US businesses and government, including Homeland Security, hacked


The US Department of Homeland Security and thousands of businesses scrambled to investigate and respond to a sweeping hacking campaign officials suspect was directed by the Russian government.

Emails sent by officials at DHS, which oversees border security and defence against hacking, were monitored by hackers as part of a sophisticated series of breaches, three people familiar with the matter told Reuters.

The attacks, first revealed by Reuters at the weekend, also hit the US departments of Treasury and Commerce. Parts of the Defence Department were breached, the New York Times reported, while the Washington Post reported the State Department and National Institutes of Health were hacked. Neither commented to Reuters.

“For operational security reasons the DoD will not comment on specific mitigation measures or specify systems that may have been impacted,” a Pentagon spokesman said.

Technology company SolarWinds, the key steppingstone used by the hackers, said up to 18 000 of its customers downloaded a compromised software update allowing hackers to spy unnoticed on businesses and agencies for almost nine months.

The US issued an emergency warning on Sunday, ordering government users to disconnect SolarWinds software which it said was compromised by “malicious actors.”

That warning came after Reuters reported suspected Russian hackers used hijacked SolarWinds software updates to break into multiple American government agencies. Moscow denied any connection to the attacks.

A person familiar with the hacking campaign said the critical network DHS cybersecurity division uses to protect infrastructure, including the recent elections, was not breached.

DHS said it was aware of the reports, without directly confirming them or saying how badly it was affected.

DHS is a bureaucracy among others responsible for securing distribution of COVID-19 vaccine.

The cybersecurity unit, known as CISA, was upended by President Donald Trump’s firing of head Chris Krebs after Krebs called the presidential election the most secure in American history. His deputy and the elections chief also left.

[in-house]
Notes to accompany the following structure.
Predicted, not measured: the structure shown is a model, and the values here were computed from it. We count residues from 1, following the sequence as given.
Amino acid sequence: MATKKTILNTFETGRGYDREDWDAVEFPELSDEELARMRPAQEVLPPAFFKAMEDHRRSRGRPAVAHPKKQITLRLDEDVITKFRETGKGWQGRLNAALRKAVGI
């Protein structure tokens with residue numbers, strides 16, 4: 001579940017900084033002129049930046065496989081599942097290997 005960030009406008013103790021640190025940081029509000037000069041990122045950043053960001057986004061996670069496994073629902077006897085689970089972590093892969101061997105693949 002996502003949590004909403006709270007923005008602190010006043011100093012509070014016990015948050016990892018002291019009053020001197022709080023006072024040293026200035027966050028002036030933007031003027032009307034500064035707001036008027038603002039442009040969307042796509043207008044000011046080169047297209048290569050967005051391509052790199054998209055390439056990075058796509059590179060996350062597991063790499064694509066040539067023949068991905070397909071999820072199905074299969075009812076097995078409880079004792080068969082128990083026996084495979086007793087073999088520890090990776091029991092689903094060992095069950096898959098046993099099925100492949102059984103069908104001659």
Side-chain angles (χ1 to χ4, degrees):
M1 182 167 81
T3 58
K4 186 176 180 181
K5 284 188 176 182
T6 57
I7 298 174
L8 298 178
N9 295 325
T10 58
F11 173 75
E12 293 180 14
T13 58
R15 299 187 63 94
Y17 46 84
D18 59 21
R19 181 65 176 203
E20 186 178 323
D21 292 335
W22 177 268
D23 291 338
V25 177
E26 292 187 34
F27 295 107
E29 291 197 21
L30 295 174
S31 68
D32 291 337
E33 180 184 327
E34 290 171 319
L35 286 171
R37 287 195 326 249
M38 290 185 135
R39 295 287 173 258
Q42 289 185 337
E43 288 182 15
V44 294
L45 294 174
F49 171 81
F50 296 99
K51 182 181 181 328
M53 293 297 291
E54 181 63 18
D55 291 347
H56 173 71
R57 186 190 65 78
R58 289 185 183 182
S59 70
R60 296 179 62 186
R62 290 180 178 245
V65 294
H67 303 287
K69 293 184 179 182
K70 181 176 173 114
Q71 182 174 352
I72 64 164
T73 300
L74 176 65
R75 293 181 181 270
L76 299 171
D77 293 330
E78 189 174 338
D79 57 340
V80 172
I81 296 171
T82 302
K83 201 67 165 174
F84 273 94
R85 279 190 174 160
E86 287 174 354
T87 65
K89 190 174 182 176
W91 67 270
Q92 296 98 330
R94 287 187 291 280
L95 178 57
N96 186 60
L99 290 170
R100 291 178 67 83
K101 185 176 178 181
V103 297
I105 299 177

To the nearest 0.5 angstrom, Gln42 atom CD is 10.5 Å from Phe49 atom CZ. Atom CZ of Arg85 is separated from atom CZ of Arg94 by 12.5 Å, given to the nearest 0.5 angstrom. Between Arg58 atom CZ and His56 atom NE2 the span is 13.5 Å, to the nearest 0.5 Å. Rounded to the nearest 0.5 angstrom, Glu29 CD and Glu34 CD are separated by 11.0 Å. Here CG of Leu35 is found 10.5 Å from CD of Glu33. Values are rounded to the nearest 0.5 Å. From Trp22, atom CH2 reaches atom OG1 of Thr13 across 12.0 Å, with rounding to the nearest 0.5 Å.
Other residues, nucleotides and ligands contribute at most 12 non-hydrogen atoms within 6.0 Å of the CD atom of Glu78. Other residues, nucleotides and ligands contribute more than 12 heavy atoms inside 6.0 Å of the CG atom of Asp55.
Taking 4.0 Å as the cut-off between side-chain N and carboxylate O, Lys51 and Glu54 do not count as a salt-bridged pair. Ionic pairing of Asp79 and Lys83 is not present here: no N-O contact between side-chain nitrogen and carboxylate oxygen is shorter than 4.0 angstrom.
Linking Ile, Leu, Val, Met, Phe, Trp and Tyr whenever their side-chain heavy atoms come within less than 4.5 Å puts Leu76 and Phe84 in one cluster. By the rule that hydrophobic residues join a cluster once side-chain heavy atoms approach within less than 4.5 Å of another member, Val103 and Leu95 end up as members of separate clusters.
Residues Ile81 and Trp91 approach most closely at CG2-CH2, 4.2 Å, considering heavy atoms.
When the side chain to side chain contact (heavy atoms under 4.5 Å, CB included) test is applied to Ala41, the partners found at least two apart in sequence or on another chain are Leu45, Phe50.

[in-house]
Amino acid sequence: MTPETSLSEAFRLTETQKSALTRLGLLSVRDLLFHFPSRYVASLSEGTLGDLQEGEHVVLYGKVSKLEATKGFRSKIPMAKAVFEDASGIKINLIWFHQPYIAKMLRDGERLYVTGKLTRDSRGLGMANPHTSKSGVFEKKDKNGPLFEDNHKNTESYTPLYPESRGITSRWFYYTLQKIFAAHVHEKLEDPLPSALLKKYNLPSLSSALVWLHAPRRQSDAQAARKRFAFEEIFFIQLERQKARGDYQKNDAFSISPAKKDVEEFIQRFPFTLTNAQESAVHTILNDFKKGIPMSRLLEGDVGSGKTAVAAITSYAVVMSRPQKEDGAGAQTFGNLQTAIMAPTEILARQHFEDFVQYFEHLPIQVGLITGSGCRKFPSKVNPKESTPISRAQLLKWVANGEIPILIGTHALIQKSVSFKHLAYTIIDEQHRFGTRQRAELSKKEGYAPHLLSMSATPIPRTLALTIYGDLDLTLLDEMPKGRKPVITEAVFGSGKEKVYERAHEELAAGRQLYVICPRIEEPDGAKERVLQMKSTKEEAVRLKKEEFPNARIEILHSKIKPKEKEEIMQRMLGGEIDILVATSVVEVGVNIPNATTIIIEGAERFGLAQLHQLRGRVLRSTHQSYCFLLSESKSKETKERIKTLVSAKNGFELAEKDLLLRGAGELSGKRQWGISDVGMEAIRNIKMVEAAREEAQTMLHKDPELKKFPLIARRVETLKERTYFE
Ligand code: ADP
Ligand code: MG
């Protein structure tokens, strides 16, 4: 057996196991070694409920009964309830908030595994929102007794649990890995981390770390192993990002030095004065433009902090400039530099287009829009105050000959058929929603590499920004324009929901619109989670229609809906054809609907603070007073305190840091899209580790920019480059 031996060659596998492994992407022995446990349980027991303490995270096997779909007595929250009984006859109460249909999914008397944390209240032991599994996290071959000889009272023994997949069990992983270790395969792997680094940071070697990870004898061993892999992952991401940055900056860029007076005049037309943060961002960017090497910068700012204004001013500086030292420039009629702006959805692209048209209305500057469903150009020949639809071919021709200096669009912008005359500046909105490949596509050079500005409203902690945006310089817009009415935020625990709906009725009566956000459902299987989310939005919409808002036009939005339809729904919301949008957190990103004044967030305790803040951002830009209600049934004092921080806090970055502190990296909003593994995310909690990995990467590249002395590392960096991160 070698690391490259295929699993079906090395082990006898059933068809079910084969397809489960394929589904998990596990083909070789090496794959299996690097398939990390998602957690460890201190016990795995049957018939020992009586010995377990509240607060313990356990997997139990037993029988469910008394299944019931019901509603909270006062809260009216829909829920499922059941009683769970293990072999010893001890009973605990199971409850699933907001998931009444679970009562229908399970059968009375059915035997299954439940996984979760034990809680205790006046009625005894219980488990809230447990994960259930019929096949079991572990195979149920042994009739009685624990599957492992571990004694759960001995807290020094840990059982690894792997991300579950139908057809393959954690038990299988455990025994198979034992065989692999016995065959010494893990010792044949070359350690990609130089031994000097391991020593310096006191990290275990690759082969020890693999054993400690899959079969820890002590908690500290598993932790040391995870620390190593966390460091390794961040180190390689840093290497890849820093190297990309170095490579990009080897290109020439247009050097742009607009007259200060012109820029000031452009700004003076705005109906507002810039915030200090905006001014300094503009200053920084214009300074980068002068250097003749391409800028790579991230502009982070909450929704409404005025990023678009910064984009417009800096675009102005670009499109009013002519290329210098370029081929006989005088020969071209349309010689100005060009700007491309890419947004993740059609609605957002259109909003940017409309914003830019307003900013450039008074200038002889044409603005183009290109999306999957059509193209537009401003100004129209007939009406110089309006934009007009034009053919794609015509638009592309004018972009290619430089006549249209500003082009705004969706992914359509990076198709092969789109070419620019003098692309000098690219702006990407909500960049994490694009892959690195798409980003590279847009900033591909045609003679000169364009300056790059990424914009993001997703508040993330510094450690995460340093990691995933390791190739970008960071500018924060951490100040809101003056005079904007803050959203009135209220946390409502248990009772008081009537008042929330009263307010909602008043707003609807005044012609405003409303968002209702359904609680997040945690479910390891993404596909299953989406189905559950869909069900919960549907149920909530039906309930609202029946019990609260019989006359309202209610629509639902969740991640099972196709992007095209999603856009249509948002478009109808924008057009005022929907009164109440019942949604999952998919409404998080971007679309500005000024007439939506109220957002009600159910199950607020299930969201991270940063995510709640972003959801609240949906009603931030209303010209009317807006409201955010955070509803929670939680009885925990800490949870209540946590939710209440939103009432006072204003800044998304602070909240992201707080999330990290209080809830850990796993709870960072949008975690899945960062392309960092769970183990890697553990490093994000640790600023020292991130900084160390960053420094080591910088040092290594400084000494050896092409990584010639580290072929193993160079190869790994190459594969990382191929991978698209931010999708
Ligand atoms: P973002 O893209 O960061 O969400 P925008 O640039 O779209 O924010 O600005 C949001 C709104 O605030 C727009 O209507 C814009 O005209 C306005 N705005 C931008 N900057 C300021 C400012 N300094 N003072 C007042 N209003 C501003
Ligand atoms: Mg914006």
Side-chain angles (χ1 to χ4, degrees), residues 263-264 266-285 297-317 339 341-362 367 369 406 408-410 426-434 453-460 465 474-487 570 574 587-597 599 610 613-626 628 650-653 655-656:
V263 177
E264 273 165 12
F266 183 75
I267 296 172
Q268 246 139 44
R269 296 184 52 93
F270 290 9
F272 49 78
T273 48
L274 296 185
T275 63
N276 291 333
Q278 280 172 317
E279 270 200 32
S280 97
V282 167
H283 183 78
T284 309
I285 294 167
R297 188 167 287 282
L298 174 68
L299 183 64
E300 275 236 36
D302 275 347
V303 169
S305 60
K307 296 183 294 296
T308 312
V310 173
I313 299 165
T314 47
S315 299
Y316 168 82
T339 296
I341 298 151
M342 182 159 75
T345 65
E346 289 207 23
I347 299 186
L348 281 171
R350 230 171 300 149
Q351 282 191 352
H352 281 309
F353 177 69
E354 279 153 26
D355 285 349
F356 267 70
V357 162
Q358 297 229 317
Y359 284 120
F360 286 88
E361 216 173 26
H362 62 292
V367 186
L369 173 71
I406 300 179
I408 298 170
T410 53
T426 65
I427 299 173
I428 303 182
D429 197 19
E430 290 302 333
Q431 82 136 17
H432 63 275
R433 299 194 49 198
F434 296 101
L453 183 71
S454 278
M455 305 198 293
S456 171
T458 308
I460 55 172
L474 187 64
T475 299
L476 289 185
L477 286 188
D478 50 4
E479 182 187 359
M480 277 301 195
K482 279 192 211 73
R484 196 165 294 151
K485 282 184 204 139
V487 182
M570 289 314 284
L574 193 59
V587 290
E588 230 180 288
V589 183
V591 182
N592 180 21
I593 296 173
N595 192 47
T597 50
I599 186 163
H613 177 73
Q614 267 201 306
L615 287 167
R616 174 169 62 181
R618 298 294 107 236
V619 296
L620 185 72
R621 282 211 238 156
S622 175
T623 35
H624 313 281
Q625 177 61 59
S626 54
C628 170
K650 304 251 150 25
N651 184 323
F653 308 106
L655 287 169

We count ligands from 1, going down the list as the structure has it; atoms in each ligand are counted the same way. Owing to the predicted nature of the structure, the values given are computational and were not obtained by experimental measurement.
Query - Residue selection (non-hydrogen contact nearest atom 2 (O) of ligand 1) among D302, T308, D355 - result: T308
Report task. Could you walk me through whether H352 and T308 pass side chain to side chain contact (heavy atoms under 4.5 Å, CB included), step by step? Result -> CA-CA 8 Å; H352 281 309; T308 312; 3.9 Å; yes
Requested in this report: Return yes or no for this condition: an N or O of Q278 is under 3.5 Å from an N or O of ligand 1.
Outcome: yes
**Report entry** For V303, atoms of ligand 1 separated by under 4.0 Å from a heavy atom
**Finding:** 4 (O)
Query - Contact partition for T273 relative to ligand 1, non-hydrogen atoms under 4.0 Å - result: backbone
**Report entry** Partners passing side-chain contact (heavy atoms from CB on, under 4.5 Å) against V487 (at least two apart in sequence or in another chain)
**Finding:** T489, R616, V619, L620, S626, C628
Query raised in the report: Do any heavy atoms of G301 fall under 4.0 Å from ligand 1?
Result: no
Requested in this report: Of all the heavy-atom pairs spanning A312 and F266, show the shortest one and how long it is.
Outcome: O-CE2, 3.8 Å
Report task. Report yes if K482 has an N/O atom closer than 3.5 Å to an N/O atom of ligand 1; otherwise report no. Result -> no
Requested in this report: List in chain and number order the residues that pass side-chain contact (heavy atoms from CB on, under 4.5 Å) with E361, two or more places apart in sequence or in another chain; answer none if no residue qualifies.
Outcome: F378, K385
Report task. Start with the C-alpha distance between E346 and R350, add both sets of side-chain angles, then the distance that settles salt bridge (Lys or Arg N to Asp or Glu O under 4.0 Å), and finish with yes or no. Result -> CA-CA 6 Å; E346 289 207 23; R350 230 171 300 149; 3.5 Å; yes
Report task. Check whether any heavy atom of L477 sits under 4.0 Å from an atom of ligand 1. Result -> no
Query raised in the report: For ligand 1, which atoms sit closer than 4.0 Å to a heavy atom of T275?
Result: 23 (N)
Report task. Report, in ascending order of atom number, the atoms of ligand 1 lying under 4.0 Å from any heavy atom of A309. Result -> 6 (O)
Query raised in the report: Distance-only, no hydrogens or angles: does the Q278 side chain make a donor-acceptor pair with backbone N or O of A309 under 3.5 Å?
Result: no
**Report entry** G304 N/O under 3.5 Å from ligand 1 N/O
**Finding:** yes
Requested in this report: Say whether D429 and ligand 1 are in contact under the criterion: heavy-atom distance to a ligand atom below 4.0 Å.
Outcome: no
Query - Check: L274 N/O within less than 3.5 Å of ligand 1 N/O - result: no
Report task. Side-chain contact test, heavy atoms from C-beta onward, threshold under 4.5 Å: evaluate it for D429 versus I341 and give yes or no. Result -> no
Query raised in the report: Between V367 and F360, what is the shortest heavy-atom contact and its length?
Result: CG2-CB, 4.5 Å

SolarWinds said in a regulatory disclosure it believed the attack was the work of an “outside nation state” that inserted malicious code into updates of its Orion network management software issued between March and June.

“SolarWinds currently believes the actual number of customers that may have had an installation of the Orion products that contained this vulnerability to be fewer than 18 000,” it said.

The company did not respond to requests for comment about the exact number of compromised customers or the extent of any breaches at those organisations.

It said it was not aware of vulnerabilities in any of its other products and was investigating with help from US law enforcement and outside cybersecurity experts.

SolarWinds boasts 300 000 customers globally, including the majority of Fortune 500 companies and some of the most sensitive parts of the US and British governments – such as the White House, defence departments and both countries’ signals intelligence agencies.

Because the attackers could use SolarWinds to get inside a network and then create a new backdoor, merely disconnecting the network management programme is not enough to boot the hackers out, experts said.

For that reason, thousands of customers are looking for signs of the hackers’ presence and trying to hunt down and disable those extra tools.

Investigators around the world are now scrambling to find out who was hit.

A British government spokesman said the United Kingdom was not currently aware of any impact from the hack but was still investigating.

Three people familiar with the investigation into the hack told Reuters any organisation running a compromised version of the Orion software would have a “backdoor” installed in their computer systems by the attackers.

“After that, it’s just a question of whether the attackers decide to exploit that access further,” said one of the sources.

Early indications suggest the hackers were discriminating about who they chose to break into, according to two people familiar with the wave of corporate cybersecurity investigations launched Monday morning.

“What we see is far fewer than all the possibilities,” said one person. “They are using this like a scalpel.”

FireEye, a prominent cybersecurity company breached in connection with the incident, said in a blog post other targets included “government, consulting, technology, telecom and extractive entities in North America, Europe, Asia and the Middle East.”

“If it is cyber espionage, then it one of the most effective cyber espionage campaigns we’ve seen in quite some time,” said John Hultquist, FireEye’s director of intelligence analysis.